What’s Behind You

Jenny Ferguson


Content Warning: This story includes scenes of violence and abuse that some readers may find disturbing. 


You know who killed your mother. You’re fourteen, not stupid nor blind to truth.

His name is Eddie Whitewater.

Not your father, or your sister Ide’s.

He showed up drunk one night with your mother three years ago, and a year after that, maybe less, the baby arrived, at home, bloody, in the bathtub. Eddie was nowhere to be seen as your mom laboured. The baby, she was a thing with so much dark hair, you’d think she was rushing to show her father how she fit in the rented house so she screamed it. She liked to exercise her lungs. That hadn’t sweetened Eddie.

To the best of what you know, your mother never married Eddie. But he claimed her name, wore it like the faded jean jacket he owned and loved. You’re sure he’s a conman, but you can’t uncover what con he’s running on your mother. Like a magician, he’s got flair, switching out his family name the way other men change shirts. Licence plates still registered to other provinces in the trunk of his sedan. A flathead screwdriver too, rolling around.

Your mother, she’s got nothing to lose.

In this life he’s claimed, Eddie Whitewater begs your mother to bead his worn jacket. In traditional patterns and colours, he insists, raving in his way. This is a few months after the baby is born and her screaming resonates through the studs of the rented house. Even when the baby isn’t screaming, the walls carry on. An earthquake only you kids can feel coming your way.

Your mother doesn’t bead, doesn’t know what colours Eddie’s raving about. But she buys packages of seed beads in the Wal-Mart crafts aisle when they’re on sale, and for six days, Eddie Whitewater doesn’t wear his jacket as your mother stitches a pattern she’s inventing as she goes along. Swoop of red here, orange there, yellow, and some purple (though Eddie looked at her funny when she opened the purple ones). As she works with the bulky material, she breaks needles, draws blood once, a needle cutting right through the fat pad of her thumb. She bleeds on the fabric and worries. She rinses it in cold water before Eddie returns. This thing, he loves it, and you think it must be something belonging to the first Eddie, the original one before he turned conman.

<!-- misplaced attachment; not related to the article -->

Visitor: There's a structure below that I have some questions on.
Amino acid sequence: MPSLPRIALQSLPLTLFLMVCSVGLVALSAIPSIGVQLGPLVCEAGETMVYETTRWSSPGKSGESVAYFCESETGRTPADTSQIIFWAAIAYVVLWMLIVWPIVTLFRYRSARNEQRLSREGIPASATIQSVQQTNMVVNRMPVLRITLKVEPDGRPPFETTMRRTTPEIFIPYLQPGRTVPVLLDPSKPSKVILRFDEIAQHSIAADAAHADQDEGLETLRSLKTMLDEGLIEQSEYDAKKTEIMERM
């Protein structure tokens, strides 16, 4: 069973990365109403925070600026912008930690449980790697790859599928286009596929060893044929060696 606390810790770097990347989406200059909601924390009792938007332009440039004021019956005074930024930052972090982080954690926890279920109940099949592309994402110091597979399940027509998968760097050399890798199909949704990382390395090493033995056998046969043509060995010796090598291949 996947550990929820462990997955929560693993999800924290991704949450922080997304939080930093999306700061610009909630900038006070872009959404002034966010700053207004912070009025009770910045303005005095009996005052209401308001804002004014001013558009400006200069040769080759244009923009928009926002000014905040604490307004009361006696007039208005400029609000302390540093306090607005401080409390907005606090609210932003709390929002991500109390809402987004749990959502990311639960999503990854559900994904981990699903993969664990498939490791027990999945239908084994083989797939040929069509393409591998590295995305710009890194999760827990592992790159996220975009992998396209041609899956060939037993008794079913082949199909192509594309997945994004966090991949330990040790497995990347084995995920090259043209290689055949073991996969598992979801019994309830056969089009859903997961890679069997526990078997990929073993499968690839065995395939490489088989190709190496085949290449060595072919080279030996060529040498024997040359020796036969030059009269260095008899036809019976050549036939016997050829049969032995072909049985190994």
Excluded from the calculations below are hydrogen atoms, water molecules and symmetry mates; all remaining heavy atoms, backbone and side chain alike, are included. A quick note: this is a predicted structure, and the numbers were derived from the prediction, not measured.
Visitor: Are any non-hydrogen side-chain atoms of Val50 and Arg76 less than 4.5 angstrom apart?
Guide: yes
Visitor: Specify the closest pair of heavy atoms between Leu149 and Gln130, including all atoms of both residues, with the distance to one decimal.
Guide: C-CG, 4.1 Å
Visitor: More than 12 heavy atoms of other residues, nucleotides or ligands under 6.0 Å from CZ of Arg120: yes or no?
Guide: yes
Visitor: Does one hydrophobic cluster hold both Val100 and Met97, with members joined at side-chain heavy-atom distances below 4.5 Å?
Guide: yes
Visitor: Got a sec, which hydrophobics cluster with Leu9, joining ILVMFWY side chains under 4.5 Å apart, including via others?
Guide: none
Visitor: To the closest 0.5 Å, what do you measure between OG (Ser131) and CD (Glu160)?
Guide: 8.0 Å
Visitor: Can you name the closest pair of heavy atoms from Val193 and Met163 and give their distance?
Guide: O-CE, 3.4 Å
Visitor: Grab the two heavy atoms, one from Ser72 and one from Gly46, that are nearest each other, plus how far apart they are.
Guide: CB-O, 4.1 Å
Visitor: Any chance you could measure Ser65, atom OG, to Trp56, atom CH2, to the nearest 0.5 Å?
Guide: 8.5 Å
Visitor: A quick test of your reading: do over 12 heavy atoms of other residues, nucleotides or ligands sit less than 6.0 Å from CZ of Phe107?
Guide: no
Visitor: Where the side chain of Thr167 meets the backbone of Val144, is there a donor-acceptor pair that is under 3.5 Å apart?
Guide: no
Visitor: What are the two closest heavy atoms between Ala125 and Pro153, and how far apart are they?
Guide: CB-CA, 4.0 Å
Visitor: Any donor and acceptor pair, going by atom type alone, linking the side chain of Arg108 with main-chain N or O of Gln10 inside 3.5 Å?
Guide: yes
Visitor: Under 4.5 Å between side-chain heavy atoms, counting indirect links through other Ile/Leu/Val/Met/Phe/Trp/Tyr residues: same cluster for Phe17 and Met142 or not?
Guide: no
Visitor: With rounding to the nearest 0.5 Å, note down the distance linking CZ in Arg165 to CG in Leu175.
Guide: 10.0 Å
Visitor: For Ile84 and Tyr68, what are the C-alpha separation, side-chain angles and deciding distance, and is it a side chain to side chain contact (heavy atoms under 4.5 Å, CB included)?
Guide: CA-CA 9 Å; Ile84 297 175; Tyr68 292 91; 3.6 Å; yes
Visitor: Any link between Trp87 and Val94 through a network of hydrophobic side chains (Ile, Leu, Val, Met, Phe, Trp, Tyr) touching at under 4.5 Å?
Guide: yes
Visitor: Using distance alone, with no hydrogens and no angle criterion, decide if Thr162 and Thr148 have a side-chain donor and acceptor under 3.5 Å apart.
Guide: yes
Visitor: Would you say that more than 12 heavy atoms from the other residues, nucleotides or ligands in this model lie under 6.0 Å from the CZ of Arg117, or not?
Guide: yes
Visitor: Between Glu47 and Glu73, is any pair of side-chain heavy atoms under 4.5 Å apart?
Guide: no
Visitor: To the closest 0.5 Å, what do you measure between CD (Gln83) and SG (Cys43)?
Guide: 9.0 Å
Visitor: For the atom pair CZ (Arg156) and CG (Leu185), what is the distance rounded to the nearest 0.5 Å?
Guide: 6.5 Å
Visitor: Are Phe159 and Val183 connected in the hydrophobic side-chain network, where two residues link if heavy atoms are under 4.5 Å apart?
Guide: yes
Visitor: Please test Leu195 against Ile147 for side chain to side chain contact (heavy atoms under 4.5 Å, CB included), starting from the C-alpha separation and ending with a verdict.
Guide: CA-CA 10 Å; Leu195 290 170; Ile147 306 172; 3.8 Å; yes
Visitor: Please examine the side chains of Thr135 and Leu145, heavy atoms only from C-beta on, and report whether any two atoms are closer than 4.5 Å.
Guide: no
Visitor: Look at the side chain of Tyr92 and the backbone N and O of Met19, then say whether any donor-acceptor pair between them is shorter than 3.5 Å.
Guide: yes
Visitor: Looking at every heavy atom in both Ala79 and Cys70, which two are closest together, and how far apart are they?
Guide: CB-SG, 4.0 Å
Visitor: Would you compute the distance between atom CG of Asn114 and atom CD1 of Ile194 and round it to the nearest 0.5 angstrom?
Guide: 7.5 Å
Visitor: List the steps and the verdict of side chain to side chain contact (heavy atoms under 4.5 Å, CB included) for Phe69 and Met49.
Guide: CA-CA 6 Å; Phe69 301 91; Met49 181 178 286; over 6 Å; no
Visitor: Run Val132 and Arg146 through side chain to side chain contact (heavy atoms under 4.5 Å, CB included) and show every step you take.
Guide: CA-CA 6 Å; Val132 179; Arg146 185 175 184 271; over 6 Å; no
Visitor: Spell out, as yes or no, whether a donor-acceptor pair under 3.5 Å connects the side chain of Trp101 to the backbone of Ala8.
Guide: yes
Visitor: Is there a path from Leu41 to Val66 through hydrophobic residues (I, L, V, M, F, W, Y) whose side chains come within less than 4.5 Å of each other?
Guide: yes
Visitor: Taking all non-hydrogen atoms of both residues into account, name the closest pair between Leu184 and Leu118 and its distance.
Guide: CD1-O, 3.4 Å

Eddie From-a-Cornfield.

Eddie Who-Didn’t-Make-His-High-School-Football-Team.

Eddie Small-Town-Part-Time-Criminal.

You’re not expecting it. You’re expecting something else. But he adores his beaded jean jacket. The first time he wears it into town, he brings home pizza topped with little salty fish. Enough for everyone. He even tries to feed his baby that night, the only time you can remember Eddie touching his kid.

You don’t know his legal last name, and at fourteen that drives you mad as it’s your custom to exchange names, to trace connections, to find cousins. It won’t make you crazy, not your whole life. When you’re older, when you move in with the Golds, and they show you the internet, you’ll be happy you don’t know Eddie’s fucking legal name or you’d hunt him down and with your hands, put him into the ground too. No, you’d leave his body in an empty lot, and you’d do him the favour, one he doesn’t deserve, but one you know you’d need to grant to live with yourself afterward, you wouldn’t do him like he did your mother. You imagine covering Eddie’s body with gasoline, the burn in your nose. With kindness still living in your heart, you would make sure he was dead before you lit the fumes.

It becomes a habit, to carry lighters around in your pockets. You steal them from other people’s pockets, from counters when heads are turned. But not from stores. You’re so angry at fourteen, it boils you. But you have no desire to wind up in jail. Too many other father figures live in federal pens. Ide’s dad had tried the hardest, harder than yours, or your city uncles, to stay out of trouble so he could stay free. But even he who tried is serving life, parole possible after twenty-five. This boils you, and forever will.

That night, angry, you watched Eddie drag your mother out of the house by her hair. Ide watched too, she was something like seven years old. You were angry enough that when Eddie Whitewater returned without your mother, you stabbed him with a kitchen knife. Blood on his shirt, blood on your hands. The knife hitting something hard, a rib, deflecting your hand from sinking in. A cheap knife, its handle breaking at the blade. There are others in the drawer. Five more chances. But you know they’re just as cheap.

Only need one good one to do the job, you tell yourself, angling your body for a long reach. The blade, you feel it in your hand, although for now, there is nothing there. You feel your victory calling to you, until Eddie knocks you to the ground, your head impacting against the stove. The second time your head slams hard, Eddie Whitewater has you by the hair. Feral fuckin’ Indian, he calls you, your vision tunneling, your ears rushing as if underwater.


When you’re conscious again, Ide’s crying in the corner of the kitchen, the fingers of one hand hinged in her mouth. The baby’s crying in the back bedroom.

The baby’s diaper is dirty, so you change it.

The garbage in the baby’s room is full, stinking in the corner, so you take it outside and toss it, double vision making the bag’s trajectory hard to track.

The baby’s filthy, so you bathe it in the sink, cleaning the blood from your hands as you go.

Even though the baby’s half Eddie Whitewater, you bathe the baby before you call the police. She holds your finger while you wash her with green dish soap. In water, she stops screaming.

Yes, she was always happiest in water.


Hours pass before the police arrive. They let themselves into your rented house, lifting empties, and opening drawers like they own the place. They ask you why you washed the baby before calling them. The blond cop keeps looking about the house, his disgust registering on his face. They ask questions as if you’re the criminal, and maybe you are, violent flashes of the knife in hand coming back to you.